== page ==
more on cgl insurance policy coverage for patent disputes

Following up on my August 16 post concerning coverage for patent infringement claims under the “advertising injury” provision of a company’s Comprehensive General Liability (“CGL”) policy, Judge Kane of the U.S. District Court for the District of Colorado issued an opinion recently in which he offered a fairly bright line distinguishing what is covered from what is not.

In Dish Network v. Arch Specialty Ins. Co., Judge Kane explained:

…the fact that a patented technology is capable of advertising goods or carrying promotional messages does not transform the technology into an advertising idea. Patent infringement may, however, constitute an advertising injury where an entity uses an advertising technique that is itself patented. The crucial inquiry, therefore, focuses on whether the complained of advertisement incorporates a patented advertising techniques as an element. If so, then the alleged infringement may constitute ‘advertising injury.’ If, however, the alleged infringement concerns the method of conveyance there is no ‘misappropriation of advertising idea.’

The patents in suit addressed methods of automated telephone call processing. Claim 219 of one of the patents in suit, "Telephone interface call processing system with call selectivity" claimed “A telephone interface system according to claim 199, wherein said select interactive operating format involves advertising of a product for sale."  Claim 199 claimed a telephone interface system for individually interfacing callers at a multitude of remote terminals for voice-digital communication through a telephone communication facility….”

The Court held that the patents involved technology that was capable of advertising goods or carrying promotional methods rather than advertising techniques, and that the insurer had no duty to defend or indemnify Dish Network with respect to the patent infringement claims.

Check Your Insurance Policy, and the Case Law, Again

I’m not sure why we can’t seem to settle the question of what IP litigation is covered under the typical Comprehensive General Liability insurance policy. Whether it is because the form is continually evolving, insureds are ever-clever in their strategies for seeking coverage, or the language in the policies is just so bad, we cannot. As a result, every single time a potential coverage issue arises, insureds should check both their policy and the case law in the likely forum for litigation to see if there may be grounds to assert coverage.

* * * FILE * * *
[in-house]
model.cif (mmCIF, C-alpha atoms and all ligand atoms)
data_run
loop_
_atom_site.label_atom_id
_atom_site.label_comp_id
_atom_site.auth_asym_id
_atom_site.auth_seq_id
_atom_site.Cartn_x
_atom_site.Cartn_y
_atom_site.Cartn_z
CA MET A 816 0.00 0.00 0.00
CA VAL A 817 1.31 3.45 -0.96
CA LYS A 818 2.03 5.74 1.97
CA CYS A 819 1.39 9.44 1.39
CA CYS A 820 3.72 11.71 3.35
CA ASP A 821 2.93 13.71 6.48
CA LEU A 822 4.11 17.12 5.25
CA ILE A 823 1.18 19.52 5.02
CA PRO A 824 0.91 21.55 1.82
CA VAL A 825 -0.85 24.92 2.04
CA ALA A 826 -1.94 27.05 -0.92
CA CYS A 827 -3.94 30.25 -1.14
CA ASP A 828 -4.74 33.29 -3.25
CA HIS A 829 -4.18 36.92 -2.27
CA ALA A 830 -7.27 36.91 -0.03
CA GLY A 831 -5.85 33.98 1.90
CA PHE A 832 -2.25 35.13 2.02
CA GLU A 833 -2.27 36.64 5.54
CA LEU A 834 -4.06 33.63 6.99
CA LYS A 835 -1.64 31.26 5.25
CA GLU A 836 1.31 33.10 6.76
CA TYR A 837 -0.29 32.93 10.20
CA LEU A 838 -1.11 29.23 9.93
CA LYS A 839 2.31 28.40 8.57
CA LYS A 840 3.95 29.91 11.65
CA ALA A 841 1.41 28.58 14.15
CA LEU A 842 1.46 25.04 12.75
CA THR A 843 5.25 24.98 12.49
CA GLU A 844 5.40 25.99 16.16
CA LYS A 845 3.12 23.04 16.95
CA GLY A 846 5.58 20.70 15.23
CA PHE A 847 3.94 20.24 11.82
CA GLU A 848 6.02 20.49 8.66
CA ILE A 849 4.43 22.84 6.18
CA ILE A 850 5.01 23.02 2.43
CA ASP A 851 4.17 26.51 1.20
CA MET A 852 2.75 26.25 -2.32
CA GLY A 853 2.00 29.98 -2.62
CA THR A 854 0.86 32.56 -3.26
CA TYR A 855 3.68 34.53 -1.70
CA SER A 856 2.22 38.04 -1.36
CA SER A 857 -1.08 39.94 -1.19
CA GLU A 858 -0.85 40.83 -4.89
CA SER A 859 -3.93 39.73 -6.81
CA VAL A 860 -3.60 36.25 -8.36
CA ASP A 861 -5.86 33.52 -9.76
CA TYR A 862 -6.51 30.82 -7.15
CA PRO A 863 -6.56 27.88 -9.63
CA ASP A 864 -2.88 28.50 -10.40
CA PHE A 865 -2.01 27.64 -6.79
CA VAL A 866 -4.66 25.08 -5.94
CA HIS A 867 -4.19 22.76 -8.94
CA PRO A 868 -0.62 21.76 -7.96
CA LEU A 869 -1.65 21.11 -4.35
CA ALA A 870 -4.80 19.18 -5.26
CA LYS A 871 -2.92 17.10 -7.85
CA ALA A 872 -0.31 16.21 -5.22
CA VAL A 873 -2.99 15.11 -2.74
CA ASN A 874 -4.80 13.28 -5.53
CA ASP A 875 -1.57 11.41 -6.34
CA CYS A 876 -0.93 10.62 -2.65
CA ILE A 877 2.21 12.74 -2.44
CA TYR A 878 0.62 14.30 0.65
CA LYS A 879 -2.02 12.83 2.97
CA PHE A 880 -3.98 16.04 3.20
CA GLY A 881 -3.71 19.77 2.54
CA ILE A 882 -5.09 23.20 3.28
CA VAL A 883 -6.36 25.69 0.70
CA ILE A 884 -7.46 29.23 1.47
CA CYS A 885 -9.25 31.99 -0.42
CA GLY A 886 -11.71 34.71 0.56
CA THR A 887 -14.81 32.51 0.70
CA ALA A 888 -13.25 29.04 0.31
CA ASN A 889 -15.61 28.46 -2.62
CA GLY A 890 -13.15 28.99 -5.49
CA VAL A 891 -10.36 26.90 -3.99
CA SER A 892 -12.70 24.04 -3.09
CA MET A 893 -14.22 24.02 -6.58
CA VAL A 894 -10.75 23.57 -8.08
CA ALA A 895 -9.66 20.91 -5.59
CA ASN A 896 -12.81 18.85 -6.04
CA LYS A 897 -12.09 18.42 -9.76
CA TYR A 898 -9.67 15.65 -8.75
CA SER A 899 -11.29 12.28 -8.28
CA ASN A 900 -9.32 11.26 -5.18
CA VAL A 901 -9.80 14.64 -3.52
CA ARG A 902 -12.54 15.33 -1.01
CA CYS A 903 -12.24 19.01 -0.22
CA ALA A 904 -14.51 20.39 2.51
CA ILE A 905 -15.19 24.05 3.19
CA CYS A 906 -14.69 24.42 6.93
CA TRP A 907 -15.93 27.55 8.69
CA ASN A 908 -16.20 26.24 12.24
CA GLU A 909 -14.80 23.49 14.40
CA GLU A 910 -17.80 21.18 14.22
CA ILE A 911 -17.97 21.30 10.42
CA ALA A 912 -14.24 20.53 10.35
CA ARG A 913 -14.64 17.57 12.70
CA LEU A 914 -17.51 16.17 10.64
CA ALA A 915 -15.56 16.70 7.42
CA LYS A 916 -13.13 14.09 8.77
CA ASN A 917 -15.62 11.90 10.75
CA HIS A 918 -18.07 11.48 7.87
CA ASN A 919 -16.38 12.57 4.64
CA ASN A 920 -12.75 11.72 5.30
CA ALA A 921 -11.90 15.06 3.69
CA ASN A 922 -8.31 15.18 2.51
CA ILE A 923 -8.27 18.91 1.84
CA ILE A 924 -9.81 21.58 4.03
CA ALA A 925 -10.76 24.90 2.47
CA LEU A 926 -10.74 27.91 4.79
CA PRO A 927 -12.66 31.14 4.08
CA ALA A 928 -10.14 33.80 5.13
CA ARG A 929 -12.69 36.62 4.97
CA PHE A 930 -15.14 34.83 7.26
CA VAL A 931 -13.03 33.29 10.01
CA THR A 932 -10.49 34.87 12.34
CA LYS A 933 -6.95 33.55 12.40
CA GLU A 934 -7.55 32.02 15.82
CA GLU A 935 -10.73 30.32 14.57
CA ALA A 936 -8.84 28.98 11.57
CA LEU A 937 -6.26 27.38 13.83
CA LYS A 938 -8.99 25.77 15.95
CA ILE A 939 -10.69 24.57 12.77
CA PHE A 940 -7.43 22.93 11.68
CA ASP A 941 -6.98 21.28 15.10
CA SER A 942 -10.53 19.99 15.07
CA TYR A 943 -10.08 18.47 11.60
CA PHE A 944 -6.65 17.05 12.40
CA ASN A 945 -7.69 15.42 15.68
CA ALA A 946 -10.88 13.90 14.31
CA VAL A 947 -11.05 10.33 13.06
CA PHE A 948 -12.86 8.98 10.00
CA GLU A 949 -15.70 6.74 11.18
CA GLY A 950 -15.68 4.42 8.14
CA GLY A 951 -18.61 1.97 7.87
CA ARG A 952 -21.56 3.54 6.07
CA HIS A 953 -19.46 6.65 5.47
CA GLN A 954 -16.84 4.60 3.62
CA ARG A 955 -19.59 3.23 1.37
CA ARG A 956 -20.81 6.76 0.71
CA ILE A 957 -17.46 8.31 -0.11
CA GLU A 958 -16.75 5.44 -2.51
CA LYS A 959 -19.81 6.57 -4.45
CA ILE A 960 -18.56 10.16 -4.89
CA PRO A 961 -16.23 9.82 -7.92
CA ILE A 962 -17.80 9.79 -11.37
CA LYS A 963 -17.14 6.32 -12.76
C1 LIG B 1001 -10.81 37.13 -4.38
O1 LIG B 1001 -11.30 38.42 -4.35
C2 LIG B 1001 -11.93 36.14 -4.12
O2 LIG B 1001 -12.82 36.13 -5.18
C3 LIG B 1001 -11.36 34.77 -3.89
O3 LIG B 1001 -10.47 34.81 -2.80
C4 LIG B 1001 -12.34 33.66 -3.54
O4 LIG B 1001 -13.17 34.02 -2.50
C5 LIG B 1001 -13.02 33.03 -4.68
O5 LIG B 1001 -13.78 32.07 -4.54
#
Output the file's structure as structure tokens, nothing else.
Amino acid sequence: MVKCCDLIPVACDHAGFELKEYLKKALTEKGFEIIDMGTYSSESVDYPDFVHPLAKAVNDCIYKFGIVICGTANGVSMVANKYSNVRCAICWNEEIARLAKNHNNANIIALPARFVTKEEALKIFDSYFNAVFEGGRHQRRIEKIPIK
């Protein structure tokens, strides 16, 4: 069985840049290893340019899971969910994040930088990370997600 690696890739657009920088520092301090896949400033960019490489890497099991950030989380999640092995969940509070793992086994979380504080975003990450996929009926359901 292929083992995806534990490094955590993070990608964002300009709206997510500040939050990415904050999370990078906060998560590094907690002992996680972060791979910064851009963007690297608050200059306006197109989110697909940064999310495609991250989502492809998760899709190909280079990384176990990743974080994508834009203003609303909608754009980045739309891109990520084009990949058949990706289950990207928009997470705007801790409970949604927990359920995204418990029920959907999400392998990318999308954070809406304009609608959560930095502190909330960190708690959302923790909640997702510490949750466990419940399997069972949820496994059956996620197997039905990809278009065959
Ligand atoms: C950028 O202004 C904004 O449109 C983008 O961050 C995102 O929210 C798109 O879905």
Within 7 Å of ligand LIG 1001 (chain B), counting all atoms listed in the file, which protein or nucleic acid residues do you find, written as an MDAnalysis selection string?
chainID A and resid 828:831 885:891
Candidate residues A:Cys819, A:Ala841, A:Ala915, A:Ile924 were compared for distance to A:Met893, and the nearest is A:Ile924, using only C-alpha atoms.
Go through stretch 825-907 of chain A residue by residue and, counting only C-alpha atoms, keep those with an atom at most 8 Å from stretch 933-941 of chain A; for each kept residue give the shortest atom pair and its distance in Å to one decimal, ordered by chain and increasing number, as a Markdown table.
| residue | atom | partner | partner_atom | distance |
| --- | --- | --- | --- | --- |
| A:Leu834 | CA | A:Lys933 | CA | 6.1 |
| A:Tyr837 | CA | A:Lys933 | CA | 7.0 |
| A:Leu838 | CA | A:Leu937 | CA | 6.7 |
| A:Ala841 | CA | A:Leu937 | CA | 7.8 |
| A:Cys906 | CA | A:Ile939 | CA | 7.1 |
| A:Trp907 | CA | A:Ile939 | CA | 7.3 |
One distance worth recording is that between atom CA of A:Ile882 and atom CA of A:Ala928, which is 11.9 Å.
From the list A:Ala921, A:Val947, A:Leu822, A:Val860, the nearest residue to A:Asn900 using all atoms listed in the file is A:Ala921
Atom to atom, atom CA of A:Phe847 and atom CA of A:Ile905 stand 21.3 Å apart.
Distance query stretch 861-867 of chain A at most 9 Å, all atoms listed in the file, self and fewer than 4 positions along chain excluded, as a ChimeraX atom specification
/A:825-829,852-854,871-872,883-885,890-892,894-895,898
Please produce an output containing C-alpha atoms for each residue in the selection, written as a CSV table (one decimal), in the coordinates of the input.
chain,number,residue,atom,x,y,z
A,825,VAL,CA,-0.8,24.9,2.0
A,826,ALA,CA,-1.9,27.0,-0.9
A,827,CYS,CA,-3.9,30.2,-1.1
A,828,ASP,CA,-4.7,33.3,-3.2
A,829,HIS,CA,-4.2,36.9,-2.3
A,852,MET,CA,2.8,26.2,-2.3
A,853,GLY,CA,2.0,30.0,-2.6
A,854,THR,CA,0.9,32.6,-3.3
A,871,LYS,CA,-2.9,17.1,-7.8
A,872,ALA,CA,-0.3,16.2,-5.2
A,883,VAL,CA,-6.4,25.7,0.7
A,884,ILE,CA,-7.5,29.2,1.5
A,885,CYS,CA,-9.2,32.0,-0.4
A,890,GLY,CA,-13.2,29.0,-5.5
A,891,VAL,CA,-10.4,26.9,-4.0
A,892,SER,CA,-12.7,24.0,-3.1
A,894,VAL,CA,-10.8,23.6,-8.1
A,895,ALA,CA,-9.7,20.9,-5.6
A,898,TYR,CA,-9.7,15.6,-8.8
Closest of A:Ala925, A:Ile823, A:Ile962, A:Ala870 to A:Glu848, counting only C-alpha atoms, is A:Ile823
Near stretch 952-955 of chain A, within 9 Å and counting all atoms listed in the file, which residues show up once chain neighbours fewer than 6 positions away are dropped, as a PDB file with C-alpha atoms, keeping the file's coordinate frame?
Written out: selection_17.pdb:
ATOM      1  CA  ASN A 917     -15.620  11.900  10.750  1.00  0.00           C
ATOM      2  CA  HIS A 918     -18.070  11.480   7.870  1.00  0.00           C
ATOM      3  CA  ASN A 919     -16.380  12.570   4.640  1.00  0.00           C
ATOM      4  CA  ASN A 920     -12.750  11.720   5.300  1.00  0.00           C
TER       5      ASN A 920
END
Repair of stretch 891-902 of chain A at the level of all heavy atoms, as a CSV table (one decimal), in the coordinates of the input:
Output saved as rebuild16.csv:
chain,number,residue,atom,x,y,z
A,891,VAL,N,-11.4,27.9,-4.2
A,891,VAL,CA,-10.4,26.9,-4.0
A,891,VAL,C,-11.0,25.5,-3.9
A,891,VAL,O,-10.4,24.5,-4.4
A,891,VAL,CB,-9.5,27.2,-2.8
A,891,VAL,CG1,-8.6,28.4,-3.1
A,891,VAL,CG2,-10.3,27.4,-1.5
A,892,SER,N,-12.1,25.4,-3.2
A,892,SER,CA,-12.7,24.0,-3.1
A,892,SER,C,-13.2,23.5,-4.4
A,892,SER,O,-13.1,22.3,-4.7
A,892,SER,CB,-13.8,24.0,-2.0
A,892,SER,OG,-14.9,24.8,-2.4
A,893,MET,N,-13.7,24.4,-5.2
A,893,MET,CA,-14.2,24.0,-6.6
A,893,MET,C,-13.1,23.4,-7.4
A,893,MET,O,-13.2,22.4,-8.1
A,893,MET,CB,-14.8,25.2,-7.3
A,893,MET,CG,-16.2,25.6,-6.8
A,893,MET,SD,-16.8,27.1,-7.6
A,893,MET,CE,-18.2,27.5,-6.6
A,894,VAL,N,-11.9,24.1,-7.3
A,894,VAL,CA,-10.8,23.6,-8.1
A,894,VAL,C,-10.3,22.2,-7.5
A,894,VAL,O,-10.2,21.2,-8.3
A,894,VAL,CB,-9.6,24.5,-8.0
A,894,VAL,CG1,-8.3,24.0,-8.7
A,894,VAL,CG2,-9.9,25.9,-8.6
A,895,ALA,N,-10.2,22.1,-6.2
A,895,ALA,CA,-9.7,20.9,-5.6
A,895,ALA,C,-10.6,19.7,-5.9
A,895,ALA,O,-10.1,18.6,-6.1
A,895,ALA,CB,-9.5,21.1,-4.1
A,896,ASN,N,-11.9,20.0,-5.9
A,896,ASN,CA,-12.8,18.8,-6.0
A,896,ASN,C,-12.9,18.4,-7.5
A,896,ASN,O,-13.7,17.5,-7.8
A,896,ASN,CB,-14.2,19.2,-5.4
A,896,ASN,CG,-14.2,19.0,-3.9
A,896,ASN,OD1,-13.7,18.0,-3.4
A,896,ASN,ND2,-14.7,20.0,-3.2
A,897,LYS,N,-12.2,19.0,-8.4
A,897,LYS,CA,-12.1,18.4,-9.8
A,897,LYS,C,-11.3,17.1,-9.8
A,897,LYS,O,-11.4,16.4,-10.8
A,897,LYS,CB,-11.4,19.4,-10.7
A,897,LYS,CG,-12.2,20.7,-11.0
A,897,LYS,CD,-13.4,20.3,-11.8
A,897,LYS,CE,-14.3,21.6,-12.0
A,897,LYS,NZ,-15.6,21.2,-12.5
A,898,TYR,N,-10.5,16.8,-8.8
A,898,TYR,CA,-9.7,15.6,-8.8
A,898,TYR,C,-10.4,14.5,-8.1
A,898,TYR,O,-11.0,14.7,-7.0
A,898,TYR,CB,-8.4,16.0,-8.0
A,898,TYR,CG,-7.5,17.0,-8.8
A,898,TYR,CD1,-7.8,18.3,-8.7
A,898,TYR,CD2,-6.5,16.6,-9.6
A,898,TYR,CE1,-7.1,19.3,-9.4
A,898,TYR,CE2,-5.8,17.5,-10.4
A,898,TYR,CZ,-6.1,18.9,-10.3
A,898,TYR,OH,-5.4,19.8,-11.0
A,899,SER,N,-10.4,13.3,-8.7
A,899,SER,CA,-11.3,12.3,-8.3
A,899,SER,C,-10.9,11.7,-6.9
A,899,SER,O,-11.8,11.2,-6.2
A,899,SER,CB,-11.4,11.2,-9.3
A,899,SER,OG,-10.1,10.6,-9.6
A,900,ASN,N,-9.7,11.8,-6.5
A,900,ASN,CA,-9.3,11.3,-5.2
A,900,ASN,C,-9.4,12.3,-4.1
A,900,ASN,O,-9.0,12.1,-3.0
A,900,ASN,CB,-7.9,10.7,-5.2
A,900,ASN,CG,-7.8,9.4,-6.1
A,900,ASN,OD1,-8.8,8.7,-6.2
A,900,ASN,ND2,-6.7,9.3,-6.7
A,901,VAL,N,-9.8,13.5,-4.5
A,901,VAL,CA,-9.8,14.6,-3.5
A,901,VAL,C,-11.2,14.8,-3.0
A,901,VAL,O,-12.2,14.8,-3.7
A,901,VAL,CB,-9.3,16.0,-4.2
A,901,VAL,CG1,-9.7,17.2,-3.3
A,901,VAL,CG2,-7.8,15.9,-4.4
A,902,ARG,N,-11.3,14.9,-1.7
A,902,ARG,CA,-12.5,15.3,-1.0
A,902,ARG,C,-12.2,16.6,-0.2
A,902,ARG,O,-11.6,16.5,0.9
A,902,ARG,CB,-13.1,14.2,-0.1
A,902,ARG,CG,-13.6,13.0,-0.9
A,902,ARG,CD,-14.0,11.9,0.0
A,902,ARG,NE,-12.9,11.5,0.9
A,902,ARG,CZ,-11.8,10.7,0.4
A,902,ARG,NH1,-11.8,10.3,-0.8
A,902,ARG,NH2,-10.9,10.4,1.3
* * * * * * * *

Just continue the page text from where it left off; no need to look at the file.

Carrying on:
A case from the Ninth Circuit, Hyundai Motor v. Nat’l Union Fire Ins. Co., is the latest reminder that it pays to re-evaluate coverage every time. Hyundai was sued for patent infringement based on its “build your own car” feature on its Website. Patent infringement is not covered under the typical CGL policy. On that basis, the insurer declined coverage and declined to defend the lawsuit.

Hyundai reasoned that its build your own car feature was a form of advertising, and should have been covered under "advertising injury" clause in the policy. It sued the insurer and won. The court reasoned that the patents-in-suit involved advertising methods, therefore the patent infringement claims involved misappropriation of advertising ideas, and the claims were covered under the advertising injury clause.

Just goes to show you don’t ever know, so it pays to check both the policy and the case law every single time.